Tag Archives: num:ScienceMuseum=L2000-4405

Chance would be a fine thing

Following my recent post about the Souter Point lighthouse in South Shields, Jack Kirby at Thinktank (the Birmingham science museum) mentioned the lighthouse optic they’ve got in their collection, from Longstone Lighthouse, off the Northumberland coast.

It’s by Chance Brothers, a Birmingham firm that specialised in precision optical technology such as lighthouse lenses, as well as being responsible for glazing the Crystal Palace, the Houses of Parliament and the dials of Big Ben.

Houses of Parliament (NMeM / Royal Photographic Society / Science & Society)

As Jack pointed out, we’ve got a superb Chance Brothers lighthouse optic on show too – ours is from the Eilean Glas light on Scalpay in Scotland’s Outer Hebrides. You can see it in Making the Modern World, and it’s on loan to us from the wonderful National Museums Scotland.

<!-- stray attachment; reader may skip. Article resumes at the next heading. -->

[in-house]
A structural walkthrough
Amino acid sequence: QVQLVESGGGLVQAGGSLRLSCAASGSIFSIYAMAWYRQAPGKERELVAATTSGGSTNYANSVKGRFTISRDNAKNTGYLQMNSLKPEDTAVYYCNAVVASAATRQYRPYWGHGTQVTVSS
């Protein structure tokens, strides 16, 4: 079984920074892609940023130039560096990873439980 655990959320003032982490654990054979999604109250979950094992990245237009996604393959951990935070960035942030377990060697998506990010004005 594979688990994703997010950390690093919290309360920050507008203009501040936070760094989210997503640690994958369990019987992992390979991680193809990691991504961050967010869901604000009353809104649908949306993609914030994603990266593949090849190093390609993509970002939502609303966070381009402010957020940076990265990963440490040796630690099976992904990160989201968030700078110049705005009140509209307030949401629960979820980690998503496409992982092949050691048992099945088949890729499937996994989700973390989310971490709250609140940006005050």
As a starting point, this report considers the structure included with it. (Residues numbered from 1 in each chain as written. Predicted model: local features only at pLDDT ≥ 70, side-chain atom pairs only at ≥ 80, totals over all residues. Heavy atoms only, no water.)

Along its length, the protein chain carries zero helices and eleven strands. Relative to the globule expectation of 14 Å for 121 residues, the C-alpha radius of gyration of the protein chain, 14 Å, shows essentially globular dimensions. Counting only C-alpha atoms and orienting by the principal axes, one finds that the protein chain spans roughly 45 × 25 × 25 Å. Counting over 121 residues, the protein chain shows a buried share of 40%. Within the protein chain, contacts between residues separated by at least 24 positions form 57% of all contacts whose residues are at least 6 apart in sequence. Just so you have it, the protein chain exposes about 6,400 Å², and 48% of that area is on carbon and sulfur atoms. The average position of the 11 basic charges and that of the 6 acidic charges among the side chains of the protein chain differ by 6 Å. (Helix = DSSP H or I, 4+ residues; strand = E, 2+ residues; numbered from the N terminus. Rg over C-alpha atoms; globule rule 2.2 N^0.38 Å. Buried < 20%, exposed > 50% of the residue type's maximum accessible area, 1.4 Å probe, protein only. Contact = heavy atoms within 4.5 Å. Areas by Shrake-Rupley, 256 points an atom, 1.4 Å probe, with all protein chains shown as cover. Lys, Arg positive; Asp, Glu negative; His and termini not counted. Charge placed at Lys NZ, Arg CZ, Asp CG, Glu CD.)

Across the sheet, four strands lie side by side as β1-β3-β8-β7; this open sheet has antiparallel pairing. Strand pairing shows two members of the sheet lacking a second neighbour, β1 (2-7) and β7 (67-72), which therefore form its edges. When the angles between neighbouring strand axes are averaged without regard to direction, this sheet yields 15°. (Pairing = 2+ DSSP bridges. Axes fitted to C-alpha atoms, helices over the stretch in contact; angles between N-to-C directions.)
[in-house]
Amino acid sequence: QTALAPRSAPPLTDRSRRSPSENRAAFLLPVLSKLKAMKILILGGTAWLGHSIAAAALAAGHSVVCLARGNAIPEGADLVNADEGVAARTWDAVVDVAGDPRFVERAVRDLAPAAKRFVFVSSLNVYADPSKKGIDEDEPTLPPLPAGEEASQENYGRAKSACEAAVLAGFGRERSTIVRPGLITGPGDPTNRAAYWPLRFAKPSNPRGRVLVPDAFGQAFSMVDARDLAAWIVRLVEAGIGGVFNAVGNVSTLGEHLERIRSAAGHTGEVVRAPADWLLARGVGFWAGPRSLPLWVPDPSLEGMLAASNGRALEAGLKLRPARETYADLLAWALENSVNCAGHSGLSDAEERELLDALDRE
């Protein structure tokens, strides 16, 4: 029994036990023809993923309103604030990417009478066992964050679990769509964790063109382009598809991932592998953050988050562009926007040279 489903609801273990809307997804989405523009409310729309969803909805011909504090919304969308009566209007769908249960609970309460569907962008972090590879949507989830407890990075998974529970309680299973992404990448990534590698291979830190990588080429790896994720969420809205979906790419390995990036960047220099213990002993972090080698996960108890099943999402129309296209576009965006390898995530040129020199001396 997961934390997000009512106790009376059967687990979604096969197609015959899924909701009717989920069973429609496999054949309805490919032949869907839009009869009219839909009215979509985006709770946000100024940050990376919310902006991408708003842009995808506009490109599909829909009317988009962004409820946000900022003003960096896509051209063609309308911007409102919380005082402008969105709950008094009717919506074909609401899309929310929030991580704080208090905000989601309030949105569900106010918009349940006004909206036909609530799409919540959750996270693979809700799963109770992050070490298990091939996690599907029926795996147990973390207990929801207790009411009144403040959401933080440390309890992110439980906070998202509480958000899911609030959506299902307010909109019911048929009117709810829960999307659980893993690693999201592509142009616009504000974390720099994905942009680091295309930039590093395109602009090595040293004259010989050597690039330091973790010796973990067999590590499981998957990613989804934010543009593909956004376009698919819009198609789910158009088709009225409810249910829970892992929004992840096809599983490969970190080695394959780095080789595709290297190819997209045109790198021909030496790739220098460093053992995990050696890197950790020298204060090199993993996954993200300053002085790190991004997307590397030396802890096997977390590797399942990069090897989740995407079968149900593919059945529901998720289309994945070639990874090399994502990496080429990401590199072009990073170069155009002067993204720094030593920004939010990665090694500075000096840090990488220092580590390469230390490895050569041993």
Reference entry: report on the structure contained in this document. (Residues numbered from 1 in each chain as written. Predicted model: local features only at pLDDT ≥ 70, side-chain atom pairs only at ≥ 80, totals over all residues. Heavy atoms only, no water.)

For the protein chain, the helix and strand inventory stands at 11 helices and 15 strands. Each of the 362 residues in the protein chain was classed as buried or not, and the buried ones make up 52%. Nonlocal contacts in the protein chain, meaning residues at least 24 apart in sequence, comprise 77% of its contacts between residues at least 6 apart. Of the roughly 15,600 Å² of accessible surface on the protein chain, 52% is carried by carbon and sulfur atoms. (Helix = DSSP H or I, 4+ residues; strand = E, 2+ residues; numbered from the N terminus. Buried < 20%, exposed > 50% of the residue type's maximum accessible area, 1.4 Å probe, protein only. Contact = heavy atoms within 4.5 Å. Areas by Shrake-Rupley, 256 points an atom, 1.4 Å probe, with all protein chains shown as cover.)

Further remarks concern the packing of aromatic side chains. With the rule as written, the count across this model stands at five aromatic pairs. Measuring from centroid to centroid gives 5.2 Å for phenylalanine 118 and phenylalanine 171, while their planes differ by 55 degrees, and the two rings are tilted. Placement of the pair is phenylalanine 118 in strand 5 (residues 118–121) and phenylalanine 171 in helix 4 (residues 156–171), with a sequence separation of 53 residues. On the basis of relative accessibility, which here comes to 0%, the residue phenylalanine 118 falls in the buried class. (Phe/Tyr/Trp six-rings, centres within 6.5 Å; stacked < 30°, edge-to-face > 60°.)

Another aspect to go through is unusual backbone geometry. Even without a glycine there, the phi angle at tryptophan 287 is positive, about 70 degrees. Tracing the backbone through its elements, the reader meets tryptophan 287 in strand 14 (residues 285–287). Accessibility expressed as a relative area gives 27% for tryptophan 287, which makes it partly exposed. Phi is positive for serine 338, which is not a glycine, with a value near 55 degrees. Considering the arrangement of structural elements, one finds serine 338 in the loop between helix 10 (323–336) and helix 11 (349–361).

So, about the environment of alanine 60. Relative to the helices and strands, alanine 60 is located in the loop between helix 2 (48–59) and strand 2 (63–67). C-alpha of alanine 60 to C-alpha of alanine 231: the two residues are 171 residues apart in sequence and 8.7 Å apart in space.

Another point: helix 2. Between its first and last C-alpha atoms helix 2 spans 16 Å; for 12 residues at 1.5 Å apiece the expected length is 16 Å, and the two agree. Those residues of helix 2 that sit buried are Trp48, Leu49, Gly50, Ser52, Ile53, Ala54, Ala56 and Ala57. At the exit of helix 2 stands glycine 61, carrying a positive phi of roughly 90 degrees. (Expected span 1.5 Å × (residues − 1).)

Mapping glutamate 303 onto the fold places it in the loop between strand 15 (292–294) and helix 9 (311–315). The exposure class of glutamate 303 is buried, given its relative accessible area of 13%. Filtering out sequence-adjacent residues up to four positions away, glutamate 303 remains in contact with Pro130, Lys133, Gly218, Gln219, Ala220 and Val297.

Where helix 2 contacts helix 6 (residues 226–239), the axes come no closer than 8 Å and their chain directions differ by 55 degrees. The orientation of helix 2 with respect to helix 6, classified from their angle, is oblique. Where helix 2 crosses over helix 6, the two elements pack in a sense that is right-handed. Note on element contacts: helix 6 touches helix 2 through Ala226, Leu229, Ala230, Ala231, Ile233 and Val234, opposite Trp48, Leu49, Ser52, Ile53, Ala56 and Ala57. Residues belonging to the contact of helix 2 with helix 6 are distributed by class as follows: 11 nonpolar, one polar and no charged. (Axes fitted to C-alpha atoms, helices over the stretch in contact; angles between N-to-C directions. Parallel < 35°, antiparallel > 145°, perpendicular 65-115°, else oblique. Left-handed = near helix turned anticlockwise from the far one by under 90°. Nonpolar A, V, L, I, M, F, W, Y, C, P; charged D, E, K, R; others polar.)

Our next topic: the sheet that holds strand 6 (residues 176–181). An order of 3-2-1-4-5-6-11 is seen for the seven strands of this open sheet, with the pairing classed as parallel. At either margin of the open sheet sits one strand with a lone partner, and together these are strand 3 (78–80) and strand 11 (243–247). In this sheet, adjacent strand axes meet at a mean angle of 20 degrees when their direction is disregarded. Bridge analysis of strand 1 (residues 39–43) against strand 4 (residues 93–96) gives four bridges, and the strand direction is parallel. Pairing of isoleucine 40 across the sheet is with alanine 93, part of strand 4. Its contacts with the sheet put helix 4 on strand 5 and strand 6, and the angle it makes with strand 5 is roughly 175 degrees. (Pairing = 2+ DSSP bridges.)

Eilean Glas lighthouse optic, 1907 (Science Museum / Science & Society)

These optical systems use the clever Fresnel lens system, in which the light is focused and directed by concentric rings of prisms. This makes them much lighter than one-piece lenses (though the glass in the Eilean Glas optic alone weighs three tons) and more powerful beams were made possible, saving lives at sea.

Bella Bathhurst’s book ‘The Lighthouse Stevensons’ tells the story of a remarkable family of engineers that designed lighthouses around the Scottish coast (including Eilean Glas), and is well worth a look.